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1932 Democratic National Convention
1932 presidential election
Roosevelt and Garner
Date(s)June 27 – July 2, 1932
CityChicago, Illinois
VenueChicago Stadium
Presidential nomineeFranklin D. Roosevelt of
New York
Vice presidential nomineeJohn N. Garner of Texas
‹ 1928 · 1936 ›

The 1932 Democratic National Convention was held in Chicago, Illinois June 27 – July 2, 1932. The convention resulted in the nomination of Governor Franklin D. Roosevelt of New York for president and Speaker of the House John N. Garner from Texas for vice president. Beulah Rebecca Hooks Hannah Tingley was a member of the Democratic National Committee and Chair of the Democratic Party of Florida. She seconded the nomination of Franklin Delano Roosevelt, becoming the second woman to address a Democratic National Convention.

The candidates

The three major candidates:

Candidate Born [1] Office Held State Delegates, 1st ballot Final ballot
Franklin D. Roosevelt
January 30, 1882
(age 50)
Hyde Park, New York
Governor of New York

New York
666.25 945
Al Smith
December 30, 1873
(age 58)
Manhattan, New York
Governor of New York
(1919–1920, 1923–1928)

New York
201.75 190.25

John Nance Garner
November 22, 1868
(age 63)
Detroit, Texas
Speaker of the
House of Representatives


90.25 Nominated for
Vice President


Roosevelt listens to radio coverage of the balloting on July 1 from his residence in Hyde Park

The three major contenders for the presidential nomination were Roosevelt, Garner and former Governor of New York and 1928 presidential candidate, Al Smith, who roughly represented three competing factions of the Democratic Party: Smith was supported by the Tammany Hall machine in New York City, and had many supporters in the Democratic National Committee, as well as in Chicago, where Chicago mayor Anton Cermak packed the hall with Smith supporters.

Roosevelt was supported by a solid majority of the delegates, and had the support of Senators Burton Wheeler, Cordell Hull, Alben Barkley, and Huey Long, who held the Deep South for Roosevelt. The new Democratic coalition would begin at this convention: Roosevelt brought into the Democratic fold western progressives, ethnic minorities, rural farmers, and intellectuals. Supporters of Roosevelt pushed for the abolition of the two-thirds rule (which required the presidential nominee to win at least two-thirds of the delegates votes), but backlash from Southern delegates forced them to drop the idea.[2]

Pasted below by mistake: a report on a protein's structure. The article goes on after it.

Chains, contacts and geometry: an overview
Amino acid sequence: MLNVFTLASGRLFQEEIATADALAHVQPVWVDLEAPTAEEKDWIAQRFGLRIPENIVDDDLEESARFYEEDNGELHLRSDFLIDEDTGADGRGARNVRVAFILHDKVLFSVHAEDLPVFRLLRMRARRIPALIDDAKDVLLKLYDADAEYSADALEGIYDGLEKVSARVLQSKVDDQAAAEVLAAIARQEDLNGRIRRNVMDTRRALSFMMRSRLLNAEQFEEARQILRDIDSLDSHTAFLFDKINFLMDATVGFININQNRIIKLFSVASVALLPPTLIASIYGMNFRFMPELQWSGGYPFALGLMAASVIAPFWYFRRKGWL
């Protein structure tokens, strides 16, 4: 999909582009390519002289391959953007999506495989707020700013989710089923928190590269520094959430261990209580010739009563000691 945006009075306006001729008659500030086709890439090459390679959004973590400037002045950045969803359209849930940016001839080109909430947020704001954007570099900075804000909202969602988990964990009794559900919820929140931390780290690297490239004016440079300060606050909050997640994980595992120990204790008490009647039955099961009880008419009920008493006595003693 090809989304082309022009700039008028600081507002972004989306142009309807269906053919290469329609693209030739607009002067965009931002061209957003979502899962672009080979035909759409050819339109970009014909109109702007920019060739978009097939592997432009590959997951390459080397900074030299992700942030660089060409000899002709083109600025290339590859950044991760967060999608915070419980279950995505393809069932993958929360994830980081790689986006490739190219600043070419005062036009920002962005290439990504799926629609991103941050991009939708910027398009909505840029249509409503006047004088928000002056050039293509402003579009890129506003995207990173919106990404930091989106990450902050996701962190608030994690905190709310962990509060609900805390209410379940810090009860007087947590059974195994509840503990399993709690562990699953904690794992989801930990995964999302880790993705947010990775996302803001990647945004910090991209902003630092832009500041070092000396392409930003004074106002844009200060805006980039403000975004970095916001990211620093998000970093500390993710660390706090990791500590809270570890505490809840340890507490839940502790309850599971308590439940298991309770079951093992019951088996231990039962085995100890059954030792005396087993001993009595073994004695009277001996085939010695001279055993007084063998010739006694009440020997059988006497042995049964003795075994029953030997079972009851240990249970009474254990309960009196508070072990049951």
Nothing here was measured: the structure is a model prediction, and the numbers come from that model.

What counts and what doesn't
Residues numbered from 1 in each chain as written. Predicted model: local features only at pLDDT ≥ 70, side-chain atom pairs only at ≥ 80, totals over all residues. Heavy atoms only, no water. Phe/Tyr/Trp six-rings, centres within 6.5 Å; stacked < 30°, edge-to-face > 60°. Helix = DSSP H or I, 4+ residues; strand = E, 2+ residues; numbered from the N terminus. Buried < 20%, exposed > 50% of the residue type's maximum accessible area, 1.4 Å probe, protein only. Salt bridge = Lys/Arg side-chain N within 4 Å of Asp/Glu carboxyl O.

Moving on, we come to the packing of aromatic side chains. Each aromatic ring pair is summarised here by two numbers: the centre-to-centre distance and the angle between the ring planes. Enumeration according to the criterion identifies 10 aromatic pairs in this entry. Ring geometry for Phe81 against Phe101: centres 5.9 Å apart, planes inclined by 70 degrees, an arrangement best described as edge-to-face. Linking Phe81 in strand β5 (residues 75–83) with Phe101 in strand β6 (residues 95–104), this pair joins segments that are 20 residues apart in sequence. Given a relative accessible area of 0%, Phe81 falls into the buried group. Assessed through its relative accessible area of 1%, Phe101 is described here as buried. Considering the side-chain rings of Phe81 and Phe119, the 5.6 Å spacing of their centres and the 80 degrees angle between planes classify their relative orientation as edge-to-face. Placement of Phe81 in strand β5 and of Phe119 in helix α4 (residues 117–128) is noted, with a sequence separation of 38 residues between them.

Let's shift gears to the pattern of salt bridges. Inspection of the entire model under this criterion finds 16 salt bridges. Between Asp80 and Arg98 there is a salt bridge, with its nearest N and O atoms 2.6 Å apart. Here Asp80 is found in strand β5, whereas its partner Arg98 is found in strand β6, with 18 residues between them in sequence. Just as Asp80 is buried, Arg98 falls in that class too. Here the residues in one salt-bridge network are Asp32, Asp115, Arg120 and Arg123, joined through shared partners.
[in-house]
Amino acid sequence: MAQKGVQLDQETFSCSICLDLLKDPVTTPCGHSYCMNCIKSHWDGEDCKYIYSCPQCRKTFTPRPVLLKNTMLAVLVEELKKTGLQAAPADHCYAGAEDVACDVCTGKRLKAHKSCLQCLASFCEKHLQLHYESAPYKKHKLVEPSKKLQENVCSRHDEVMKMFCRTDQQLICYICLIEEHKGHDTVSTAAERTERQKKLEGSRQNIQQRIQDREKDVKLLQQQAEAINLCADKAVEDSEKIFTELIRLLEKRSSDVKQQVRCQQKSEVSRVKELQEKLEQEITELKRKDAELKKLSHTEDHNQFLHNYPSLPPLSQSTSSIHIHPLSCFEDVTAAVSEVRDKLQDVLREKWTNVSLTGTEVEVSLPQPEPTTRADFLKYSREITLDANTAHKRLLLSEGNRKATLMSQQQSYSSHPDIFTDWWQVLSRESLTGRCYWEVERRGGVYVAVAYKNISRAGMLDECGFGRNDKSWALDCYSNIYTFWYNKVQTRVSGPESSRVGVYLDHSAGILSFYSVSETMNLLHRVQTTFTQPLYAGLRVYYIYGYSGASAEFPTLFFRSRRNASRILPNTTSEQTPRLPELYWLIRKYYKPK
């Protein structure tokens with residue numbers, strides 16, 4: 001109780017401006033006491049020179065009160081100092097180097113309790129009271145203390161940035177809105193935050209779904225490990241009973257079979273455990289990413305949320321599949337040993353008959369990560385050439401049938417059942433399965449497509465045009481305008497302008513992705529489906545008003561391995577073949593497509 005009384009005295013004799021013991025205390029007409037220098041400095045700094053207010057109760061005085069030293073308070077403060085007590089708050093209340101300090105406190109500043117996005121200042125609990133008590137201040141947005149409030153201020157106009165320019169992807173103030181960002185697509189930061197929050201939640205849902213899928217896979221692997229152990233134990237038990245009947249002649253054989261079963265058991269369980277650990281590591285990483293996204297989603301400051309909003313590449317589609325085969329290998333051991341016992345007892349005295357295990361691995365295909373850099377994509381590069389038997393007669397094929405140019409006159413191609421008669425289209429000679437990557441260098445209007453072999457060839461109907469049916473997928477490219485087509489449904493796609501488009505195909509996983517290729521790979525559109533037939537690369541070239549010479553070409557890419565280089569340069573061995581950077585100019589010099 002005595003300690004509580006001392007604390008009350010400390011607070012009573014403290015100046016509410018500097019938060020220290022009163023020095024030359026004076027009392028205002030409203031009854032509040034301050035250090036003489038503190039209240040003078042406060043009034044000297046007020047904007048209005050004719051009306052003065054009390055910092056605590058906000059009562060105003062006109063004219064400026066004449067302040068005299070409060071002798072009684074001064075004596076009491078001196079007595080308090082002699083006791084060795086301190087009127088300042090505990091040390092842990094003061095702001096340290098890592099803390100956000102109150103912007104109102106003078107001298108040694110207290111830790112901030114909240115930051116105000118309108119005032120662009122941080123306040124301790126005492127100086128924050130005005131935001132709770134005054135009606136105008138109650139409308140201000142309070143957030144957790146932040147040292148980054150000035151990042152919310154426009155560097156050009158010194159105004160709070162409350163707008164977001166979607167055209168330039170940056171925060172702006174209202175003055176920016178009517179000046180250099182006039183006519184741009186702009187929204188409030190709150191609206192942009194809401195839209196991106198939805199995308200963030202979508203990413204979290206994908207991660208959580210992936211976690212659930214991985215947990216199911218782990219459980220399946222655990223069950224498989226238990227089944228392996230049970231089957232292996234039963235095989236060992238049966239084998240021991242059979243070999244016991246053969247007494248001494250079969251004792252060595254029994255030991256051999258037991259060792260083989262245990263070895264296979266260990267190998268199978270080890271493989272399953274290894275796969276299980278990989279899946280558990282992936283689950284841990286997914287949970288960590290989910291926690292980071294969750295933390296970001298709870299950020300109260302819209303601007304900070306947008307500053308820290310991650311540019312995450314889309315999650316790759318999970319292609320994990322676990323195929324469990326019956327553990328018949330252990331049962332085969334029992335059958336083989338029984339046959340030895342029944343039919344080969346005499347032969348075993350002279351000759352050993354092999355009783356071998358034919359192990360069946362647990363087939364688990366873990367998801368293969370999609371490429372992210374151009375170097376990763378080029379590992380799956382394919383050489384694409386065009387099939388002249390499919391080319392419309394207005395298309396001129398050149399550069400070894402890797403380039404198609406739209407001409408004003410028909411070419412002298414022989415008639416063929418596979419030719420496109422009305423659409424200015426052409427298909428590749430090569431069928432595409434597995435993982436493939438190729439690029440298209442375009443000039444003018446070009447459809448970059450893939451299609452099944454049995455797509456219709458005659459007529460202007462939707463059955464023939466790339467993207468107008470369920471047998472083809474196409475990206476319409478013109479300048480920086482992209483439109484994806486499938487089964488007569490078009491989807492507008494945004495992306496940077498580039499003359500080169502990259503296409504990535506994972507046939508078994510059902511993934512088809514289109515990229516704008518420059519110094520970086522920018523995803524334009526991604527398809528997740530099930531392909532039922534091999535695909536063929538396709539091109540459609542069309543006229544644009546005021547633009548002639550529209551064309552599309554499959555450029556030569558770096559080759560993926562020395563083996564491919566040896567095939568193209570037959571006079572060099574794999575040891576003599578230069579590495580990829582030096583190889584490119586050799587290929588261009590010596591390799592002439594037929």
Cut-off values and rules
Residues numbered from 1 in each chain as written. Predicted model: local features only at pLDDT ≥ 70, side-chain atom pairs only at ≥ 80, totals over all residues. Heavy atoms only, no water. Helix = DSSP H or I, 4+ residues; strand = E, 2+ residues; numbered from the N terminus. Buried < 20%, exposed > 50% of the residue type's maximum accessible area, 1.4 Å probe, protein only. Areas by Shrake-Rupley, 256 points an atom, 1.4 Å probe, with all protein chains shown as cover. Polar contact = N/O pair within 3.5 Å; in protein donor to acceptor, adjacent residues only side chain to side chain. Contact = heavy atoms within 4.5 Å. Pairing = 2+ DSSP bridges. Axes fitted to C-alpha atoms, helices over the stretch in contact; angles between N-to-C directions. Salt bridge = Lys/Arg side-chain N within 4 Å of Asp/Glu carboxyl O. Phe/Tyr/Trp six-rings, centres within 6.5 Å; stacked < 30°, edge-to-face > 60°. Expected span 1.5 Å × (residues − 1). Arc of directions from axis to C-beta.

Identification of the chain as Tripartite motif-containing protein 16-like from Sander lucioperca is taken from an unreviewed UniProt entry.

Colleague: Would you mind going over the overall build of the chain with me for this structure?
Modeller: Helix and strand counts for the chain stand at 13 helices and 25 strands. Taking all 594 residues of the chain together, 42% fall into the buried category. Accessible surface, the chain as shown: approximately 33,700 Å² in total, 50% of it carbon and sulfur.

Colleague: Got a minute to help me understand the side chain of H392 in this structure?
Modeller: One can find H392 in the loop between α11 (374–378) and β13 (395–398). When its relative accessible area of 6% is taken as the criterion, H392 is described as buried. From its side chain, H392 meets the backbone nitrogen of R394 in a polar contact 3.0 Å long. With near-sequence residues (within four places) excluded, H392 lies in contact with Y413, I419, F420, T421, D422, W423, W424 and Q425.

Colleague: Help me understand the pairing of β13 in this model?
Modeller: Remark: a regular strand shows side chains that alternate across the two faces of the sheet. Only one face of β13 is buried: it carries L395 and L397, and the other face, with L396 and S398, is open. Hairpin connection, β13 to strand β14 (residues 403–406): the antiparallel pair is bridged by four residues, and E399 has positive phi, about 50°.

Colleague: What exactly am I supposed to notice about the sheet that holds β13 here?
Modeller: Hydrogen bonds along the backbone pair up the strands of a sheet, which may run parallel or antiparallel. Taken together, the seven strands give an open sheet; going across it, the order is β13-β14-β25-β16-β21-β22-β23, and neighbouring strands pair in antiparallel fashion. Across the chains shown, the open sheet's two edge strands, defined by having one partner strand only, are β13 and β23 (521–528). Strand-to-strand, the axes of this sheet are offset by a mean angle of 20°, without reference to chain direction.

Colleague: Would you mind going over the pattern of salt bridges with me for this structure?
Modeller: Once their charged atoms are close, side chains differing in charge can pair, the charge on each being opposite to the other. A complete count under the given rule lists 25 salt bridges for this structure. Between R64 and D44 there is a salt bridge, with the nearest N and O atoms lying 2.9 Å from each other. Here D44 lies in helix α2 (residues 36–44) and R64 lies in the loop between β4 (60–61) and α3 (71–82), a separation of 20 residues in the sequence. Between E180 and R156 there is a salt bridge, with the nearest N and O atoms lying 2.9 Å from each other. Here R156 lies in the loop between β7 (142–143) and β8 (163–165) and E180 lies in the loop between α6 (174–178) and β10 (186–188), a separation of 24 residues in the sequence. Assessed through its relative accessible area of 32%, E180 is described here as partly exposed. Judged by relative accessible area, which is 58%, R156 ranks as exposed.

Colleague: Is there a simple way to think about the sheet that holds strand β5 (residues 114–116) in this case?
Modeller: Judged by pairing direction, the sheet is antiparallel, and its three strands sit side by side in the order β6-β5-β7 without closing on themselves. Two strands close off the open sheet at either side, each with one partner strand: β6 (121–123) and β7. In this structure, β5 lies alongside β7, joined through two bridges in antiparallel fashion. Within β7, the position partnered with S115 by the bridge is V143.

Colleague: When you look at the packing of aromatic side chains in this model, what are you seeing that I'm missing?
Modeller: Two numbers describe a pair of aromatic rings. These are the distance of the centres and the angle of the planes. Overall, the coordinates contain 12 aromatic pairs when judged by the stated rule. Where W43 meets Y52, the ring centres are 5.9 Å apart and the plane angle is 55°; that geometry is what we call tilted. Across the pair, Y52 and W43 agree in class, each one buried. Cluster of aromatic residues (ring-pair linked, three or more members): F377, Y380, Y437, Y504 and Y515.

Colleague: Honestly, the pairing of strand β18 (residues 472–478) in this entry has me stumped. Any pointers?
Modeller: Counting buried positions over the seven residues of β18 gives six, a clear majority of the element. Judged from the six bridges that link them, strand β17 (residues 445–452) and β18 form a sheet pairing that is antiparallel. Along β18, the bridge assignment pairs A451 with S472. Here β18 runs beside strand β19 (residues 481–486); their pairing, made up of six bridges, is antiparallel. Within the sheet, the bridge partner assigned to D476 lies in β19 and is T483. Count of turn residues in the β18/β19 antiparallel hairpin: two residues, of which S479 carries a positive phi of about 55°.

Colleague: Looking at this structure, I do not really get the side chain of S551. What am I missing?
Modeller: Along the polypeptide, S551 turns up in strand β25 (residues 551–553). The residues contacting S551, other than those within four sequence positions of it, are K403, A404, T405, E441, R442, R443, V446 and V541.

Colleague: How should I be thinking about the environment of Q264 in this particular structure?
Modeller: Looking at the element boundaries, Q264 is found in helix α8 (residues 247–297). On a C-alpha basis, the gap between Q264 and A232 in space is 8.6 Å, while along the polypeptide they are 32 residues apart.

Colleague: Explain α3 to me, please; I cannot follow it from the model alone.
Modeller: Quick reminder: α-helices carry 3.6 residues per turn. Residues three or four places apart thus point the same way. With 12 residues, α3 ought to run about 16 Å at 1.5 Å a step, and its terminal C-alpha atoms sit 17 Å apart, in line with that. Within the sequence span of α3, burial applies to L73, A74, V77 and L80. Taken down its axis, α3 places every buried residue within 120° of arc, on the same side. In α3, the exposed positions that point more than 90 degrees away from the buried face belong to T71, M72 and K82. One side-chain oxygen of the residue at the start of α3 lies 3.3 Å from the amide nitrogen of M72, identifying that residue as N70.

Garner had support from two powerful individuals: California newspaper magnate William Randolph Hearst and Senator William Gibbs McAdoo. While he was never a serious threat, and never bothered to campaign for the position, the faction that supported Garner was important because it could break a potential deadlock between Smith and Roosevelt.

After three ballots, Roosevelt was 87.25 votes short of the 770 required for the nomination, and his campaign feared that his support had peaked: as none of New York, New Jersey, Massachusetts, and Connecticut supported Roosevelt, he needed McAdoo, who had the California delegation, and Garner, who had the Texas delegation.

Roosevelt's campaign was able to persuade Garner to have his delegates vote for Roosevelt, possibly with the help of Hearst: while Hearst disliked Roosevelt, he hated Smith and Newton D. Baker, a possible compromise candidate. After McAdoo (who himself had been denied the nomination by the two-thirds rule at the 1924 convention) announced California would back Roosevelt, the convention realized Roosevelt had reached the required 770 delegates to win the nomination, which was greeted by wild celebrations. Roosevelt received 945 votes on the fourth ballot to Smith's 190.[2]

Garner was nominated for vice-president by acclamation, likely as part of a deal for his delegates.[3] McAdoo had hoped to be on the ticket, but he withdrew after his inclusion was opposed by Hearst.[4]

Presidential Balloting
Candidate 1st 2nd 3rd 4th
Roosevelt 666.25 677.75 682.79 945
Smith 201.75 194.25 190.25 190.50
Garner 90.25 90.25 101.25 0
White 52 50.50 52.50 3
Traylor 42.25 40.25 40.25 0
Reed 24 18 27.50 0
Byrd 25 24 24.96 0
Ritchie 21 23.50 23.50 3.50
Murray 23 0 0 0
Rogers 0 22 0 0
Baker 8.50 8 8.50 5.50
Cox 0 0 0 1
Not Voting 0 5.50 2.50 5.50

Presidential Balloting / 5th Day of Convention (July 1, 1932)

Roosevelt's acceptance speech

Newsreel footage of Roosevelt's acceptance speech

For his acceptance speech, Roosevelt broke tradition and established the precedent of formally accepting the nomination in person at the convention. In his speech, he pledged "a new deal for the American people".[3]

See also


  1. ^ Candidate ages listed as they were during the convention in 1932
  2. ^ a b Krock, Arthur (2 July 1932). "Roosevelt Nominated on Fourth Ballot; Garner Expected to be His Running Mate; Governor Will Fly to Convention Today". The New York Times. Retrieved 8 October 2015.
  3. ^ a b Gunther, John (1950). Roosevelt in Retrospect. Harper & Brothers. pp. 270–272.
  4. ^ Krock, Arthur (3 July 1932). "Roosevelt Puts Economic Recovery First in His Acceptance Speech at Convention; Garner for Vice President by Acclamation". The New York Times. Retrieved 8 October 2015.

Pietrusza, David 1932: The Rise of Hitler & FDR: Two Tales of Politics, Betrayal, and Unlikely Destiny Guilford CT: Lyons Press, 2015.

Preceded by
Houston, Texas
Democratic National Conventions Succeeded by
Philadelphia, Pennsylvania